Management / Making inclusion the everyday
Making inclusion the everyday
27 November 2019
Business Reporter guest blogger Nick Matthews calls for UK business to update approaches to diversity and inclusion
Is your organisation’s diversity and inclusion (D&I) strategy more about keeping on the right side of legislation than equality? Is your management team distracted by making “reasonable adjustments” to cope with the 2010 Equality Act, rather than ensuring a level playing field for workforce opportunities?
If you’re quietly nodding yes to these questions, you’re not alone.
Many UK businesses need to update their approach to diversity and inclusion as evidence mounts of failing D&I programmes and, even more importantly for the longer term, changing demographics in Western countries which are bringing a younger, more self-aware workforce with wholly new expectations. Bosses must better understand the make-up of their workforce before they make D&I planning part of the company culture.
Demographic data and newer, smarter approaches to diversity monitoring tell a tale of pervasive inequality. The UK Government’s 2011 Census found that the white ethnic group had the highest employment rate of all 16 to 64 age groups, for both men and women, while the proportion of unemployed men was highest in the black and Caribbean groups. For women, unemployment was highest for black African, Caribbean and other black groups.
Fast forward eight years to a new survey of D&I programmes - affecting nearly 35,000 employees around the world - which found that BAME and LGBTQ groups don’t think companies’ decision-making is in their interest. While 69% of straight white men say their views are taken into account, only 57% of black male employees, 52% of LGBT women and 44% of black women held this view.
The survey also revealed gender disparity on the way companies are seen to be run: only 69% of straight white women saying they have equal opportunities to succeed compared to 80% for straight white men.
Because it draws on “representative” data (identifying who is in the workforce) as well as their workforce experiences, this new type of workplace engagement and culture research delivers deeper insights than the traditional company diversity survey.
A disconnect between strategy and experience
If it is not addressed, this disconnect between well-meaning (but failing) corporate inclusion strategies and a more diverse workforce’s actual experience will only become more acute amid rapid and fundamental demographic change. Research by the London School of Economics and other universities suggest that ethnic minorities will comprise 35-40% of the UK population by 2061 and a majority by the end of this century.¹ These studies demonstrate that minorities are increasingly influential in the workforce and will become the defining voice in the future.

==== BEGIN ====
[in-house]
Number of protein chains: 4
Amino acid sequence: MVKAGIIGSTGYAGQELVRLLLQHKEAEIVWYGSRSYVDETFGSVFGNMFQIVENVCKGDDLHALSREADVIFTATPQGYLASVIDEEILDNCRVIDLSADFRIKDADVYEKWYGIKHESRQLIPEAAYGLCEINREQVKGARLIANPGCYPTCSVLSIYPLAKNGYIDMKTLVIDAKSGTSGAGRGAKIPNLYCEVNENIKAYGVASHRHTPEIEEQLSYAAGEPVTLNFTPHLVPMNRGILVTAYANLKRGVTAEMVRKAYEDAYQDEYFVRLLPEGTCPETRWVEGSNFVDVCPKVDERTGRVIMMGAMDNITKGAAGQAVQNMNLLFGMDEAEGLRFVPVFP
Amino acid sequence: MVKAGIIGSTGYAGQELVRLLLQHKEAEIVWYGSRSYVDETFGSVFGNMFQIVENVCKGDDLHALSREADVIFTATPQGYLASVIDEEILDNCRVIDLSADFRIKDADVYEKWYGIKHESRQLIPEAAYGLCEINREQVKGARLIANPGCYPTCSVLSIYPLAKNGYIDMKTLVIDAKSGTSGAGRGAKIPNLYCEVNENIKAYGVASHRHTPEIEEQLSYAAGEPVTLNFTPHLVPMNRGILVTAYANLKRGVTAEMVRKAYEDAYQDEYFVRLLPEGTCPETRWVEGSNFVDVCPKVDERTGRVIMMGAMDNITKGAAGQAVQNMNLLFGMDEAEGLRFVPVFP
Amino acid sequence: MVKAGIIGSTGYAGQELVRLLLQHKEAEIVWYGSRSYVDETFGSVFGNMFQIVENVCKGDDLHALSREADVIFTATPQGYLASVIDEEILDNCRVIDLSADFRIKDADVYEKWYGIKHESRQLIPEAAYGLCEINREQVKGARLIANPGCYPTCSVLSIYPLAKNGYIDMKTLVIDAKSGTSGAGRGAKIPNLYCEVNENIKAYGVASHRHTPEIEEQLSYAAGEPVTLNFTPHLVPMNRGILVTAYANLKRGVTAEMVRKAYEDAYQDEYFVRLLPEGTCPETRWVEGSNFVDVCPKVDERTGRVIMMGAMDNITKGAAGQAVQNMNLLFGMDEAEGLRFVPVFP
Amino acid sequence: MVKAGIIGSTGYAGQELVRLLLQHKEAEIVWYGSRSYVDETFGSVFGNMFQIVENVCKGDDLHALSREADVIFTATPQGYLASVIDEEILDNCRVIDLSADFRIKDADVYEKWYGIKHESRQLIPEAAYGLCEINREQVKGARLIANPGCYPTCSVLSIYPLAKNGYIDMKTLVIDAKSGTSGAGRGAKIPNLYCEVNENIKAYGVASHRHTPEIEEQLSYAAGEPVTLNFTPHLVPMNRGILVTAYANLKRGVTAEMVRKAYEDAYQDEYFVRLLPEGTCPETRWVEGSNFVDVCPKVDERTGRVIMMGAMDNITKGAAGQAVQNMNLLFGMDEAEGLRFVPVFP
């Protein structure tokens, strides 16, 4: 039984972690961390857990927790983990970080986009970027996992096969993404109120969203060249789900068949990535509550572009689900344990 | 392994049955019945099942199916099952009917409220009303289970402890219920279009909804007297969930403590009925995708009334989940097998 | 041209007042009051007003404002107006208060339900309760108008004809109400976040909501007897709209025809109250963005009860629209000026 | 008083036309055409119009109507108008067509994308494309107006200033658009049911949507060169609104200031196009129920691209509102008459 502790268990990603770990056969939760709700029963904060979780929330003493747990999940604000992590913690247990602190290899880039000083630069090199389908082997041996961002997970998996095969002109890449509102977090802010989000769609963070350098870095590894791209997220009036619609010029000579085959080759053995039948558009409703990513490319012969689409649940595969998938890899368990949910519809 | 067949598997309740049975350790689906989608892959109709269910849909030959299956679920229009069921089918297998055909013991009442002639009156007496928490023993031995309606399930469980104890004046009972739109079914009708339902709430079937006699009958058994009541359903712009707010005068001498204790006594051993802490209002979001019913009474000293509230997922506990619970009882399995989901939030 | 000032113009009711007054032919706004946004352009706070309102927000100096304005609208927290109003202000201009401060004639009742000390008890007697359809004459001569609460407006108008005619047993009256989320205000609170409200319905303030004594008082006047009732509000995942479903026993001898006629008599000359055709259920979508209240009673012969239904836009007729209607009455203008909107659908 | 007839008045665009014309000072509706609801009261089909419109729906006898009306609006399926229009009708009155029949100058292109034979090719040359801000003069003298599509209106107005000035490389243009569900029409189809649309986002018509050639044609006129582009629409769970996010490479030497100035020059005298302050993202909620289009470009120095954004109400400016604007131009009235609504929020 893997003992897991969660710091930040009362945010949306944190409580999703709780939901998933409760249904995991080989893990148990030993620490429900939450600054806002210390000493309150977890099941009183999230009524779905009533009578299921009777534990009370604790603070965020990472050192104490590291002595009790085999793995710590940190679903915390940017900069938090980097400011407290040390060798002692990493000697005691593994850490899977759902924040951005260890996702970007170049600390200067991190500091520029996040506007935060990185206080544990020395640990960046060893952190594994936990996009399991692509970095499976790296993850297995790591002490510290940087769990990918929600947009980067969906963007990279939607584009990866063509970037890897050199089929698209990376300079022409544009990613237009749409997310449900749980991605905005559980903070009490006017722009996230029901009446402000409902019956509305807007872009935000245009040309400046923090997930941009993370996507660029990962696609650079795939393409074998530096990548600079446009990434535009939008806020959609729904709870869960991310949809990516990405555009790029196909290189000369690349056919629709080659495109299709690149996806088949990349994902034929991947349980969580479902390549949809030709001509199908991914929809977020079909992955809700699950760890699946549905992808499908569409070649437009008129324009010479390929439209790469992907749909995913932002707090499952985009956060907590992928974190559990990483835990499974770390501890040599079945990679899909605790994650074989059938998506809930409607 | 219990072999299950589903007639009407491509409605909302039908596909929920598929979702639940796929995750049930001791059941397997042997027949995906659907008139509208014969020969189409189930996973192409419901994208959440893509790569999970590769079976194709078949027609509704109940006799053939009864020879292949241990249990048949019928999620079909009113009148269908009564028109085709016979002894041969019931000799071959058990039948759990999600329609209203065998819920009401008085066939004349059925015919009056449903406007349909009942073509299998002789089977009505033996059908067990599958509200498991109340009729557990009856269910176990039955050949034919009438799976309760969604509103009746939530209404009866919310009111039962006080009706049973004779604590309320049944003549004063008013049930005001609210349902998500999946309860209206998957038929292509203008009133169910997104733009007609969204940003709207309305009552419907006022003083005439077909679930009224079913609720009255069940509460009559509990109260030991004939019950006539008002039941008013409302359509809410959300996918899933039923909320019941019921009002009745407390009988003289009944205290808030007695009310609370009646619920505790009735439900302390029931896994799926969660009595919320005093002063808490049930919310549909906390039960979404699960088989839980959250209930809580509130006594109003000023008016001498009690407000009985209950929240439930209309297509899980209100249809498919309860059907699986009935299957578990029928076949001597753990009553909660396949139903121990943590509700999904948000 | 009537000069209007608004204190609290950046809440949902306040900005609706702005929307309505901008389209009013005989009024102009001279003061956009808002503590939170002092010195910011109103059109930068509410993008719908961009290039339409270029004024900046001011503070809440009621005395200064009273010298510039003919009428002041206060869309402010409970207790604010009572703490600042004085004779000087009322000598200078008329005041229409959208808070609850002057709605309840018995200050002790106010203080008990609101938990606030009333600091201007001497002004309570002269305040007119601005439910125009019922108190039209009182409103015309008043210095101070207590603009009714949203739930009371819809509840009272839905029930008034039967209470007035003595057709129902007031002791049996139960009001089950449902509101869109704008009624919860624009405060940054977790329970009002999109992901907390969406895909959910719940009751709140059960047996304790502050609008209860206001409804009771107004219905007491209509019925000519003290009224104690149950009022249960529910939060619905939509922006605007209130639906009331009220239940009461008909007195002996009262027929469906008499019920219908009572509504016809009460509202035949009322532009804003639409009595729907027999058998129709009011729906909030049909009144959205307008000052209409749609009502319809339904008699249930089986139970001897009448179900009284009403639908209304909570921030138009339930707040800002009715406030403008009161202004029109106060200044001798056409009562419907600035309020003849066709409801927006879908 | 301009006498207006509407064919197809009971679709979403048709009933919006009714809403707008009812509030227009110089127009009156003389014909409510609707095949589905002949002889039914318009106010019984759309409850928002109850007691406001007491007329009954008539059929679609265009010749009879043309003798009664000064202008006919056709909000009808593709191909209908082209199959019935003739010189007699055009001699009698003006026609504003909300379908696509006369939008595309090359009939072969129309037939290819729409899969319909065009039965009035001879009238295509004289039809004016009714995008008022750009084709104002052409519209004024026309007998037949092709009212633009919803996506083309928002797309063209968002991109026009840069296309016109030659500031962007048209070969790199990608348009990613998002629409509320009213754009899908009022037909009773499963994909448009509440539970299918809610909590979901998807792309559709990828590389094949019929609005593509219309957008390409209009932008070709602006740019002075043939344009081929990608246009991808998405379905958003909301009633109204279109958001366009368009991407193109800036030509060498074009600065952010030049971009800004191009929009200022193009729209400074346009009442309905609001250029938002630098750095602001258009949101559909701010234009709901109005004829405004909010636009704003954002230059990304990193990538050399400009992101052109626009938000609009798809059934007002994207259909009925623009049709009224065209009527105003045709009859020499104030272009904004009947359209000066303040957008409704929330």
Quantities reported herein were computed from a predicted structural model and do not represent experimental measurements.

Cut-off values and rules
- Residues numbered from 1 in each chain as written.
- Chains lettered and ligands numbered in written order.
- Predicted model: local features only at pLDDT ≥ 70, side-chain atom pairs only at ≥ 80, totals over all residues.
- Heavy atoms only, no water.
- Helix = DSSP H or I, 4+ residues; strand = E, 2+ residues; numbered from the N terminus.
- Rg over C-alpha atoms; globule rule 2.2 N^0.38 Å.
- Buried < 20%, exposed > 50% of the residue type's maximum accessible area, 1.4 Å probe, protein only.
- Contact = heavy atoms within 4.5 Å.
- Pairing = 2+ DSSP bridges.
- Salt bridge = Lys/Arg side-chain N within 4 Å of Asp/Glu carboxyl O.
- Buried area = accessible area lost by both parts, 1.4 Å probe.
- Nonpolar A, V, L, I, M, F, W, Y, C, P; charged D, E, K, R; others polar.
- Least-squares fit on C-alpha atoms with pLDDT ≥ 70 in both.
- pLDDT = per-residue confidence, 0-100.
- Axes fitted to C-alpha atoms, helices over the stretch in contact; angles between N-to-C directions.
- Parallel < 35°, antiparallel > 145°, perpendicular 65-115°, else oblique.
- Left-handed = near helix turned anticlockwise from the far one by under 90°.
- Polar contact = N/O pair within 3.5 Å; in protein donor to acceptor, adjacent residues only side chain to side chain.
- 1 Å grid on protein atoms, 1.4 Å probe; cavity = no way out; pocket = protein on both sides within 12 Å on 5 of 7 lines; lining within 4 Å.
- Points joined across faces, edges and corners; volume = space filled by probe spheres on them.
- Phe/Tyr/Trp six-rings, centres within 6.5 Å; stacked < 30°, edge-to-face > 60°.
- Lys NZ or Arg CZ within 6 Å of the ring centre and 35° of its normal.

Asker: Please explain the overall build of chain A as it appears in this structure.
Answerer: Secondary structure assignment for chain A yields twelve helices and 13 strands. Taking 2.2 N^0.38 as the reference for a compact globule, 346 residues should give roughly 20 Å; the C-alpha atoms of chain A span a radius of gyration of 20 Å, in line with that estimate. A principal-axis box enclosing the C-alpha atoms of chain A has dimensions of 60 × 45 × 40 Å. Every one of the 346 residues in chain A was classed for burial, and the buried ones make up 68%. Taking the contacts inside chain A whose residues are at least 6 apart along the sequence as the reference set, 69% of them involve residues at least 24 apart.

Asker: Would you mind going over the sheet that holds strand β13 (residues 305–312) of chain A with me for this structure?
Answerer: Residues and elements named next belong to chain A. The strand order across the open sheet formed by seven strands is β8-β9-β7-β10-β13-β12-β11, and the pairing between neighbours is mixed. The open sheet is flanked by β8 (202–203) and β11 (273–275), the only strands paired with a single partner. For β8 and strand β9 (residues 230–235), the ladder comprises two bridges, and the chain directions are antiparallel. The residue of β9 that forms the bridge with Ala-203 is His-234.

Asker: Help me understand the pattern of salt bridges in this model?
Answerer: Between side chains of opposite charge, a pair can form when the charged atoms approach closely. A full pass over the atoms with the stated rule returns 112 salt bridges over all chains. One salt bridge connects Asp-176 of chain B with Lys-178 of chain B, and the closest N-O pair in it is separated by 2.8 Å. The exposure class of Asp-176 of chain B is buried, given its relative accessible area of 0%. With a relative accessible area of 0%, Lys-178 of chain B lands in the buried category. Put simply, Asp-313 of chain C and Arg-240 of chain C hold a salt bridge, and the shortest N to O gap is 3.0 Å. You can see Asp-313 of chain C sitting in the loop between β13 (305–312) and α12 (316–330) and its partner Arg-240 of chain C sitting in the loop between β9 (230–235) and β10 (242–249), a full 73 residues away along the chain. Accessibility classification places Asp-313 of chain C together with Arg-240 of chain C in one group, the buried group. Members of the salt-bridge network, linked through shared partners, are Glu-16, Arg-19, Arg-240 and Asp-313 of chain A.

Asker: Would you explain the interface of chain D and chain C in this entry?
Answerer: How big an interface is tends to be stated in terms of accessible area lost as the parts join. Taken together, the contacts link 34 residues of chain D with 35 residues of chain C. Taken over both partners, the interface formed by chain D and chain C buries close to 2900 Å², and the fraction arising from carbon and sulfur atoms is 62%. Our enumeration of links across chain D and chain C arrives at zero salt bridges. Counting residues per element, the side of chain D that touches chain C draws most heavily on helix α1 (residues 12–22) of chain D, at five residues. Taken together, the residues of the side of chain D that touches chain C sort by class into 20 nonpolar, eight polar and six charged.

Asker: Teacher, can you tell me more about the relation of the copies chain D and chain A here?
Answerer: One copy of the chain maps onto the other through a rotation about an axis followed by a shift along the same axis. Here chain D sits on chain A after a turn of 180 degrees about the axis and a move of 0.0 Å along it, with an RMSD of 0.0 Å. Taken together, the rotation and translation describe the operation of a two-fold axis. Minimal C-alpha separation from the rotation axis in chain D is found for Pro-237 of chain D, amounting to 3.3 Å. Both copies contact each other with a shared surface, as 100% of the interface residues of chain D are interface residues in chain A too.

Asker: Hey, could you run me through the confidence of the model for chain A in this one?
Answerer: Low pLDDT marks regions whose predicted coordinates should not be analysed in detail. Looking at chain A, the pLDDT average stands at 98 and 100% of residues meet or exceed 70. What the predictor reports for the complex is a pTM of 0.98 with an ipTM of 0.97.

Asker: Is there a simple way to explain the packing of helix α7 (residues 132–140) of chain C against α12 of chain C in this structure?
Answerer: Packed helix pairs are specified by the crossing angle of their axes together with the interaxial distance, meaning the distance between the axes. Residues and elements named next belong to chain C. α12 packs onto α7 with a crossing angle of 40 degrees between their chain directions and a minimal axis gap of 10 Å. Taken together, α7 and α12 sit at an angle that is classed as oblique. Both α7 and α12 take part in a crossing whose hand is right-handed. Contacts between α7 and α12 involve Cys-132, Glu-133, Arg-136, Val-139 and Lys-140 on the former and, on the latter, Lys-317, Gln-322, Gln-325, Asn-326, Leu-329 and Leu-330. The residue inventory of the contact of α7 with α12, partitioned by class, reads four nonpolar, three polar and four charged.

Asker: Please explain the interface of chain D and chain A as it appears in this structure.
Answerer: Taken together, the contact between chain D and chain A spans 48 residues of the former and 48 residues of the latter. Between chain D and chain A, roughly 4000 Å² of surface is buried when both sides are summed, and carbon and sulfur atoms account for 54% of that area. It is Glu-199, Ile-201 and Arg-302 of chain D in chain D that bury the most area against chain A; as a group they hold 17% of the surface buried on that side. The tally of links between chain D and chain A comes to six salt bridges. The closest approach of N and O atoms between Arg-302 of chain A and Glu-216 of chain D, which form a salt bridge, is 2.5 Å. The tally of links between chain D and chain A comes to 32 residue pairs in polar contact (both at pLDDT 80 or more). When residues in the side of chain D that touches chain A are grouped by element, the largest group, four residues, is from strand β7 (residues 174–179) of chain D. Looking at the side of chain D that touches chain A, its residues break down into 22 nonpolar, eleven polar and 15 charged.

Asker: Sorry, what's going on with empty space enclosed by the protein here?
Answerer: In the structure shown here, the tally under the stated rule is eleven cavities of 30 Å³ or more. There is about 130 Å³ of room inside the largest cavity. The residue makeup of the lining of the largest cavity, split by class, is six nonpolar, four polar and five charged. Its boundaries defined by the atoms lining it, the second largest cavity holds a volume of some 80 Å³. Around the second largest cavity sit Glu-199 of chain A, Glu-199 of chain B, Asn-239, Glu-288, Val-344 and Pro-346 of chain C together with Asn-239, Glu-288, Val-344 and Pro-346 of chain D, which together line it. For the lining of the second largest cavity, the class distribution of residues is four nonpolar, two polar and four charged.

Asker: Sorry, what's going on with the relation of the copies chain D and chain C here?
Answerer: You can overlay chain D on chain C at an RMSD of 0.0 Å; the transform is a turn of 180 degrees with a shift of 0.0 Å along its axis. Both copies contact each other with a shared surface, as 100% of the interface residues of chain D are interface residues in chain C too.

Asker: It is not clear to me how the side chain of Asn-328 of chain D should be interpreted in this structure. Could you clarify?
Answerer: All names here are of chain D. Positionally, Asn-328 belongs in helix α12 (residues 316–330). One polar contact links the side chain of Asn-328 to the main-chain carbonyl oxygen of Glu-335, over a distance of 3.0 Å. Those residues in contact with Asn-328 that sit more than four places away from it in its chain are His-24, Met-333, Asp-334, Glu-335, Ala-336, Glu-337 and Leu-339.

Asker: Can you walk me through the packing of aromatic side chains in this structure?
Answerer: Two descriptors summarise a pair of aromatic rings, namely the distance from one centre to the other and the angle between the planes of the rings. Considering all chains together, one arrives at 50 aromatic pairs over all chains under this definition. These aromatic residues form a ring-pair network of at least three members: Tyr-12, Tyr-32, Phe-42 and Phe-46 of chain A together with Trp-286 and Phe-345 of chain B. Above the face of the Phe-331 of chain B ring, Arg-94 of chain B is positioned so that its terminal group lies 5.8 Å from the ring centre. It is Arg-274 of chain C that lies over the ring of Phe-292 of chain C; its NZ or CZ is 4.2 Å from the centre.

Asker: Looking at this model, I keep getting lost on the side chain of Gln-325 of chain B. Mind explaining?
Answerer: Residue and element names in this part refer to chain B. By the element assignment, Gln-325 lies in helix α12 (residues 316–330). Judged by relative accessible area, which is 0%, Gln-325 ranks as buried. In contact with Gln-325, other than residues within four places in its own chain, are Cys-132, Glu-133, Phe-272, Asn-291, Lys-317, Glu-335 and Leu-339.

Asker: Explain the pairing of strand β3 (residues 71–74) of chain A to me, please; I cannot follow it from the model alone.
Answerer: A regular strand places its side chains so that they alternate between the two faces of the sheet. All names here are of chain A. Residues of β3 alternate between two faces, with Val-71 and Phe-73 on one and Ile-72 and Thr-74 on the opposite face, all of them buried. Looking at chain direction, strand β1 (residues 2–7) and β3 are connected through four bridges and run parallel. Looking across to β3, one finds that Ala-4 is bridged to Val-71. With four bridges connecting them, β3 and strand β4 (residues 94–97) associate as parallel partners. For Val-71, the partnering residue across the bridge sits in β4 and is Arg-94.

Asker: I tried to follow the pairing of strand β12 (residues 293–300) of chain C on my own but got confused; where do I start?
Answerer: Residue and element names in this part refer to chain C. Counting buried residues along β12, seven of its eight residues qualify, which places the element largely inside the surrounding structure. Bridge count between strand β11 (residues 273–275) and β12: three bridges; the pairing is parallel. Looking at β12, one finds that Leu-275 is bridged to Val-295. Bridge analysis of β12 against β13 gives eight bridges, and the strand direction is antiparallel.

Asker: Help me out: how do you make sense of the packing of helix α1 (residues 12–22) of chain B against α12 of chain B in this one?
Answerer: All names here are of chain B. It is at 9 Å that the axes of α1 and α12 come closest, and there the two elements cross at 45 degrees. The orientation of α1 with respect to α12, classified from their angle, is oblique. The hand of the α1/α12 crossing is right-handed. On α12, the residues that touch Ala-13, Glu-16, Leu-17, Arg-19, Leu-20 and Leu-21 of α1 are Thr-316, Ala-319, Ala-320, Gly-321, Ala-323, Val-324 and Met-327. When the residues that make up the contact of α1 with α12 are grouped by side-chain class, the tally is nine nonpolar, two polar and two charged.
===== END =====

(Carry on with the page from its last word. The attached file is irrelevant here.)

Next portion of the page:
But companies cannot address such a yawning gap by imposing “top down” D&I programmes. The UK’s Chartered Institute of Personnel Development cites US academic research over a 30-year period showing that D&I initiatives often run aground because they restrict middle managers’ autonomy. As a result, company executives tend to resist or simply ignore diversity initiatives, negating their impact.²
Stronger actions needed
UK companies need to take several practical steps to ensure that their D&I strategies reflect these changes:
First, UK organisations need to collect better information to understand their workforce’s changing needs. Sadly, Britain is a laggard compared with countries such as US and Australia with the UK’s Equality and Human Rights Commission saying that only 36% of UK companies collects in-depth data on diversity.
But it isn’t simply a question of an annual diversity survey for the shareholder report, or tagging a few questions to an existing questionnaire. Today’s next generation employee engagement research tools show that firms that collect in-depth D&I data about the workforce’s representation as well as individual employees’ experience are more likely to analyse and act on the findings.
Second, organisations need to accept that diversity cannot be a standalone challenge. Academic and recent industry reports shows that management teams making D&I part of every facet of everyday workplace life, will successfully deliver on D&I target outcomes.
Third, management teams taking a “small wins” approach, such as being more transparent in their decision-making or making it easier for employees to engage with senior executives on these policies, see an uplift of 4% to 8% on target outcomes.
UK plc’s managers still have a lot to do to make diversity and inclusion part of company DNA and a practical proposition, rather than a troubling compliance matter, for individual departments. But the path forward, driven by better insights into our workforce, celebrating diversity in our places of work and seeking quick wins, is clear.
¹ What the UK population will look like by 2061 under hard, soft and no Brexit scenarios, London School of Economics, Brexit blog, 2019
² The CIPD’s 2019 leaflet Diversity Management That Works cites Dobbin, F. and Kalev, A. (2016) Why diversity programs fail, Harvard Business Review, 94, No 7/8, pp 52–60.
Nick Matthews is general manager EMEA at Culture Amp, the people and culture platform
Main image courtesy of iStockPhoto